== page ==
Motions are written requests made to the court by a movant party (i.e., the party or person making the motion is a movant), and the court will decide whether to grant or deny the motion. Motions are sometimes very complicated, full of legal language, and have to be submitted in a certain format and within certain time limits. An experienced DUI lawyer will know which motions are applicable to your DUI case and whether you should make them in your defense.
Contact Our Office Today
DUI trial strategy is an important aspect of your DUI criminal defense, and an experienced DUI criminal trial attorney can help you through this process. Please contact a passionate Rolling Meadows DUI attorney immediately if you need assistance with your case. We are happy to help you today.
December 15th, 2015 at 9:49 am
Criminal charges need to be brought as soon as possible in order to expedite justice and to ensure that critical components of the crime, such as evidence and witnesses’ recollections of the events that took place, are fresh and viable. But that is not to say that some charges cannot be brought against an accused many months or years after the actual crime took place. As such, one question remains: is there any limit on how long after a crime that charges can be brought?
Most criminal charges are subject to a statute of limitations, which is a window of opportunity in which charges for a crime must be brought against the accused or else they will be time barred, at which point a court will no longer hear the case against the accused. A statute of limitations begins either after the crime is committed or a victim learns that a crime has been committed against him or her. The statute of limitations forces the state’s prosecutors to move forward on a criminal case in a timely manner.
Statute of Limitations for Common Crimes in Illinois
A number of crimes in Illinois carry a statute of limitations, but not all do. The length or duration of a statute of limitations for a particular crime generally correspond to how serious the crime is, with less serious offenses having short statutes of limitations, while serious crimes may carry no statute of limitations at all. Illinois statute 720 ILCS 5/3-5 lays out the statute of limitations for criminal offenses.
- Depending on whether the facts of the case warrant a misdemeanor charge, charges for the crimes of assault, disorderly conduct, receiving stolen property, and theft can all carry an 18-month statute of limitations;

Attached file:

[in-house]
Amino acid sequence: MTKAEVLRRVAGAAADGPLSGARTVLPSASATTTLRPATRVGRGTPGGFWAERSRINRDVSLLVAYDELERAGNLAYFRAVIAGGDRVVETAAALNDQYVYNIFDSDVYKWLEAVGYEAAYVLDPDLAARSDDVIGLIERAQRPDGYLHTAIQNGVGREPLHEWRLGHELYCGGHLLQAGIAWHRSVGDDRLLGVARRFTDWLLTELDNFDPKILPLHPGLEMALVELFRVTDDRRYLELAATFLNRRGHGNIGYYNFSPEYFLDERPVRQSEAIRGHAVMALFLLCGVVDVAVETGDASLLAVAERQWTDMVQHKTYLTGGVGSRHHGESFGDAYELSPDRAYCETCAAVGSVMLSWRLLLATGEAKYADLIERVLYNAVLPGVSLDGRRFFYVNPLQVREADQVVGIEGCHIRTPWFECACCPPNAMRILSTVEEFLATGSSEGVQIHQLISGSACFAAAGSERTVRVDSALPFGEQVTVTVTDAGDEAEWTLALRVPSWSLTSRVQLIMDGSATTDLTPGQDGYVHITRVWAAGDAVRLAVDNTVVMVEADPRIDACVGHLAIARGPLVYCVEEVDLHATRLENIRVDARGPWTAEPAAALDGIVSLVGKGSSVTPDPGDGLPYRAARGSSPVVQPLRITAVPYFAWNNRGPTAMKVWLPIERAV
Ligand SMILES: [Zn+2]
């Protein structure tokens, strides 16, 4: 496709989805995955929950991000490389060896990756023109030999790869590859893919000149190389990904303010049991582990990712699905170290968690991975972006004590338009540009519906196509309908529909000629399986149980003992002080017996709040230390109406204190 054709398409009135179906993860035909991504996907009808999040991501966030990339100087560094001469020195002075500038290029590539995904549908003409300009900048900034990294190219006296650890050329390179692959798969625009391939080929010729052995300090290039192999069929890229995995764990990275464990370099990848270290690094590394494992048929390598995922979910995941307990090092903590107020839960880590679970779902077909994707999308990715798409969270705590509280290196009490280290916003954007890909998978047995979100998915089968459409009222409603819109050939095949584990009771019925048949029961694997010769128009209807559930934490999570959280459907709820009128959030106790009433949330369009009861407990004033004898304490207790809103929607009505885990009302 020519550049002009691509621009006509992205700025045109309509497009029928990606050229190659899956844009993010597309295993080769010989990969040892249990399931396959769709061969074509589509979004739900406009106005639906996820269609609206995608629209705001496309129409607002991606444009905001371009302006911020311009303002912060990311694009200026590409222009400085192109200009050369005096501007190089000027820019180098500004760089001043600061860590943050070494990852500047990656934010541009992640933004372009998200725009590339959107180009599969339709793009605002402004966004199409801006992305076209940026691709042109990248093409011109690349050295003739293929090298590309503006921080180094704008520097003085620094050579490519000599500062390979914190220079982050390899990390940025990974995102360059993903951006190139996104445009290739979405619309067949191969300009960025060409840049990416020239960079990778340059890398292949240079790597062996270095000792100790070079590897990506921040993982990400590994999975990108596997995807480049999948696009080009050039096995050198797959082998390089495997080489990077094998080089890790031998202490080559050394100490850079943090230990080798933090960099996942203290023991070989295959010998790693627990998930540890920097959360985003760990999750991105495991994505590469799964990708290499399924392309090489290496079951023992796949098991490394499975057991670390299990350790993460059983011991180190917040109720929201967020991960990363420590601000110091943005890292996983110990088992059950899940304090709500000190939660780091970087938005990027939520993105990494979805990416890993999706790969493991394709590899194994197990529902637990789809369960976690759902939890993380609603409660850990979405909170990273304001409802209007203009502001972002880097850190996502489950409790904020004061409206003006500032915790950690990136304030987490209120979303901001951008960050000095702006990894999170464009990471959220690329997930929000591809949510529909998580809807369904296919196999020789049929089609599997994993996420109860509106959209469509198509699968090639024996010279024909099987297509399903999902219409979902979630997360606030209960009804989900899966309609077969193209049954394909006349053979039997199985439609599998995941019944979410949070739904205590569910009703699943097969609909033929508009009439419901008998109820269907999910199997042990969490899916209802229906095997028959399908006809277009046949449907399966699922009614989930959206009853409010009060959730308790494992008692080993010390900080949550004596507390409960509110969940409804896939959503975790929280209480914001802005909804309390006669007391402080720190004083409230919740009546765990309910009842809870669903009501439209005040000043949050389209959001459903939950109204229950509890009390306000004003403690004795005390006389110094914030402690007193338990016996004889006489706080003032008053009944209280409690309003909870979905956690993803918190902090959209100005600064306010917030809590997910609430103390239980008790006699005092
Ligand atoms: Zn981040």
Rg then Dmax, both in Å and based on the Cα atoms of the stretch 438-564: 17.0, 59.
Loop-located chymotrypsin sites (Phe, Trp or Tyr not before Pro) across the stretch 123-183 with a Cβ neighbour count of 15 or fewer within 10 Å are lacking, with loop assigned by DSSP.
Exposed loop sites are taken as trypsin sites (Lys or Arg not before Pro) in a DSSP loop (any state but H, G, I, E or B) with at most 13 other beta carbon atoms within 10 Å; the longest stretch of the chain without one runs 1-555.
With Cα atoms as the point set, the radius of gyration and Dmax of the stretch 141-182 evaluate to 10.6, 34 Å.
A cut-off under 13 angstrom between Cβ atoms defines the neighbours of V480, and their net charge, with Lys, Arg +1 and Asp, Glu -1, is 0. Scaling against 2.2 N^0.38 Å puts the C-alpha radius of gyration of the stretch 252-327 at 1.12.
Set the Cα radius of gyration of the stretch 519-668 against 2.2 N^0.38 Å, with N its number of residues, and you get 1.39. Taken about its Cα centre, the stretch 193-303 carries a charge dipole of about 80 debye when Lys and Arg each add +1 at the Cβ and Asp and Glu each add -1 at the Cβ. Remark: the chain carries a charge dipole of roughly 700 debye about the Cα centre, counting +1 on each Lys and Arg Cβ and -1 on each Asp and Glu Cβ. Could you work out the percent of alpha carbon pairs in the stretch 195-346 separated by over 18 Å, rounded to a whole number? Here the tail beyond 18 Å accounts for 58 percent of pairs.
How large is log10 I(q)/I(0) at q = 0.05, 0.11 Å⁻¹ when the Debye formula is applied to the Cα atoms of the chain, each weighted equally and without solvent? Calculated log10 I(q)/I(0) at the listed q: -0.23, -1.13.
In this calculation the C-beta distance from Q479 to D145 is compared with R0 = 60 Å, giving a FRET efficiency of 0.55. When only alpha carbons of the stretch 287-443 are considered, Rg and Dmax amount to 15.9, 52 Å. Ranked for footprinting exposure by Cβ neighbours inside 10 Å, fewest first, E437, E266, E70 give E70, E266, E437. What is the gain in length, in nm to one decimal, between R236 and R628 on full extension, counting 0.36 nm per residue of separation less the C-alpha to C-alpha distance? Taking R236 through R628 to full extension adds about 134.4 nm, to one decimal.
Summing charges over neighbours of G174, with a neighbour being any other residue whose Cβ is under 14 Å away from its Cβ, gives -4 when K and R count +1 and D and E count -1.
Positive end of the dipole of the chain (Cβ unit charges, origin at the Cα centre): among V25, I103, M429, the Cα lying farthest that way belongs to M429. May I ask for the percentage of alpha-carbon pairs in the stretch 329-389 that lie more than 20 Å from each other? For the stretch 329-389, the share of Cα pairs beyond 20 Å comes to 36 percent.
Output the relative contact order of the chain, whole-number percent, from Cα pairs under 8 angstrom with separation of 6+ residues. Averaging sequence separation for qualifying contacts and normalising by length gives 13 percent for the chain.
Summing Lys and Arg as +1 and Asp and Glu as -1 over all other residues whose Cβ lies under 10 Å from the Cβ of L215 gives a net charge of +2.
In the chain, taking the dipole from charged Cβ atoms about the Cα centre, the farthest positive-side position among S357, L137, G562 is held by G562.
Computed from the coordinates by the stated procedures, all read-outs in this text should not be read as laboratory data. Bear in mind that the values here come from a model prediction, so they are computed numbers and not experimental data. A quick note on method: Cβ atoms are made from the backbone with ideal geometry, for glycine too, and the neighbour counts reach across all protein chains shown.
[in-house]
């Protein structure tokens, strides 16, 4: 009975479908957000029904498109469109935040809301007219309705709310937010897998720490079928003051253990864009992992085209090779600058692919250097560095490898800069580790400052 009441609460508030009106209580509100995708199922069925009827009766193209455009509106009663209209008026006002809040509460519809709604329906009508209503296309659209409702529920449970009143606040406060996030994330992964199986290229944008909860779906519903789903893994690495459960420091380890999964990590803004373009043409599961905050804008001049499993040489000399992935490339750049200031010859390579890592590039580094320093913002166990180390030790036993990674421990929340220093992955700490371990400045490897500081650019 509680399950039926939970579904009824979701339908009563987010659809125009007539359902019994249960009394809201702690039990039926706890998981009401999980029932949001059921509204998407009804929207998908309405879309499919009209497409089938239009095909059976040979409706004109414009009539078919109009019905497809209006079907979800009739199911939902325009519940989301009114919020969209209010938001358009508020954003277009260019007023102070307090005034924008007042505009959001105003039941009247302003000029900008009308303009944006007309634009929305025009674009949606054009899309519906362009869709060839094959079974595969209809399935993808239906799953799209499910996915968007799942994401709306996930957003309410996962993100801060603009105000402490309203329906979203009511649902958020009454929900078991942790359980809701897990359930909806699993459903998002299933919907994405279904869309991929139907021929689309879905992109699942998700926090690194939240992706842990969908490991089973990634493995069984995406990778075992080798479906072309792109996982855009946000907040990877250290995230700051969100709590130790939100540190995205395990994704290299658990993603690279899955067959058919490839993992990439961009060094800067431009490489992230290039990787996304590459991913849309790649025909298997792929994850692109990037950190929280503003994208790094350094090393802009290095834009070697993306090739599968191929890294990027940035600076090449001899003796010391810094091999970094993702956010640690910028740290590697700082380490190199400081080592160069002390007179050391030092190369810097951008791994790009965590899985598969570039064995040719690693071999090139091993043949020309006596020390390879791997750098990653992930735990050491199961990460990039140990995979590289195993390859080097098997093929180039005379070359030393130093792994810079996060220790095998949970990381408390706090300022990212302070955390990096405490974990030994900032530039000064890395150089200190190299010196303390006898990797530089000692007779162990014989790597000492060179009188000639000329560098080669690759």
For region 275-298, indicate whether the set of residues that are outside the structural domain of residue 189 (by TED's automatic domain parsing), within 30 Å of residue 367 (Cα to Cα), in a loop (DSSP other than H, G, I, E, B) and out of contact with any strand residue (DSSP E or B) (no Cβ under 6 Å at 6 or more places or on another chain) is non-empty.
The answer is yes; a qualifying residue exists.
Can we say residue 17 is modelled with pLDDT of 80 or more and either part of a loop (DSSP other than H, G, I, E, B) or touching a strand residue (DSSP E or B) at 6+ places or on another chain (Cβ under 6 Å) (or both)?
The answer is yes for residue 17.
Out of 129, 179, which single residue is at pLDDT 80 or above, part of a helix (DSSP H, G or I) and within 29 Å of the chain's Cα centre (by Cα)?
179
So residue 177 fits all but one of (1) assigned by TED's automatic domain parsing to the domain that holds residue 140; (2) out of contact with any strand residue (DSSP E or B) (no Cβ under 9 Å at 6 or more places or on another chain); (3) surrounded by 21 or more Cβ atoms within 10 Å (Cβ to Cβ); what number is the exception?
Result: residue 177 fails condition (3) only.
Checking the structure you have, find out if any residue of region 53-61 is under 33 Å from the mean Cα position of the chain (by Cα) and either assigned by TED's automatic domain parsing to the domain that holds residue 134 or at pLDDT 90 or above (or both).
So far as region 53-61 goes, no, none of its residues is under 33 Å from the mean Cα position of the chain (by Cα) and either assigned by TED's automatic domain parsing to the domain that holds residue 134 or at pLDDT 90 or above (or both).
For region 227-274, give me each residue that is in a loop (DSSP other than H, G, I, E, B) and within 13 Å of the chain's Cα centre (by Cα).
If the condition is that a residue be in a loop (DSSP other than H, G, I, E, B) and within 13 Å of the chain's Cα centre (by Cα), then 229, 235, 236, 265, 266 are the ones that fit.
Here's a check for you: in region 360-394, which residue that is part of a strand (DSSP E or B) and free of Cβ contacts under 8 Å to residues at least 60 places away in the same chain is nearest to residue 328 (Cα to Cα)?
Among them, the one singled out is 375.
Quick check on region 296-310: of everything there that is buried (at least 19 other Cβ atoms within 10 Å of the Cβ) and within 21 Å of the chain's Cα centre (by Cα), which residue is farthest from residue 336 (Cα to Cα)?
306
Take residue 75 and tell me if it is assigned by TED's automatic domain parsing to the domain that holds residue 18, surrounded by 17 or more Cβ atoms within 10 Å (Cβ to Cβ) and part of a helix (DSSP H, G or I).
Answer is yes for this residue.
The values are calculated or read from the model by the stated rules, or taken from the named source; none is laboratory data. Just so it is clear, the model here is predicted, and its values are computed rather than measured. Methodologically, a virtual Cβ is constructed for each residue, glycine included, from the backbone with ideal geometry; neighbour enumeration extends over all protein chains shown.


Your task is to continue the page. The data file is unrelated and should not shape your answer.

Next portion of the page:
- Depending on whether the facts of the case warrant a felony charge, charges for the crimes of assault, burglary, disorderly conduct, kidnapping, rape (depending on the facts of the case), receiving stolen property, robbery, and theft all carry a three-year statute of limitations; and
- Arson, rape (depending on the facts of the case), involuntary manslaughter, reckless homicide, forgery and and murder and attempted murder carry no statute of limitations, and charges for these crimes can be brought at any time after the crime occurred.
What Happens If the Statute of Limitations for a Crime Has Expired?
When a statute of limitations for a criminal charge has expired, the criminal action is time-barred and if charges for the crime are brought against the defendant, the charges will be dismissed. Defendants must raise this defense under 735 ILCS 5/2-619(a)(5) by filing a motion for dismissal of the action with the court so that the court is aware that the case is defective and has gone stale.
Let Us Help You Today
Accusations that you committed a crime a long time ago can be troubling, but criminal charges that are too old and are beyond the statute of limitations cannot be tolerated or allowed to move forward. Please contact a Rolling Meadows criminal defense attorney at once for assistance with your case. Our law firm is prepared to help you throughout each step of the legal process.
December 10th, 2015 at 9:17 am
In Illinois, if you use the highways or roadways, you are considered to have given consent to chemical testing if you are arrested for driving under the influence under Illinois’ implied consent laws. A chemical test can either be a breath test, blood analysis, or a urine test, all of which are used to determine the blood alcohol concentration of a suspected drunk driver. You have a right to refuse to submit to chemical testing, but there are consequences for doing so, such as the automatic suspension of your driver’s license for refusal under 625 ILCS 5/6-203.1.
You would think that if you have not been drinking, then you would have nothing to fear in submitting to a chemical test, but this is not necessarily the case. There are a number of substances you can legally consume that can produce a false positive on your chemical test. Even if you have not been drinking alcohol, a false positive will cause you to be arrested for driving under the influence.
Law enforcement frequently use a chemical testing method referred to as a breathalyzer test to put an estimate on a driver’s blood alcohol concentration. These tests work by assessing the amount of alcohol in the breath sample – and cannot distinguish the source of the alcohol.
Technical Problems Can Contribute to False Positives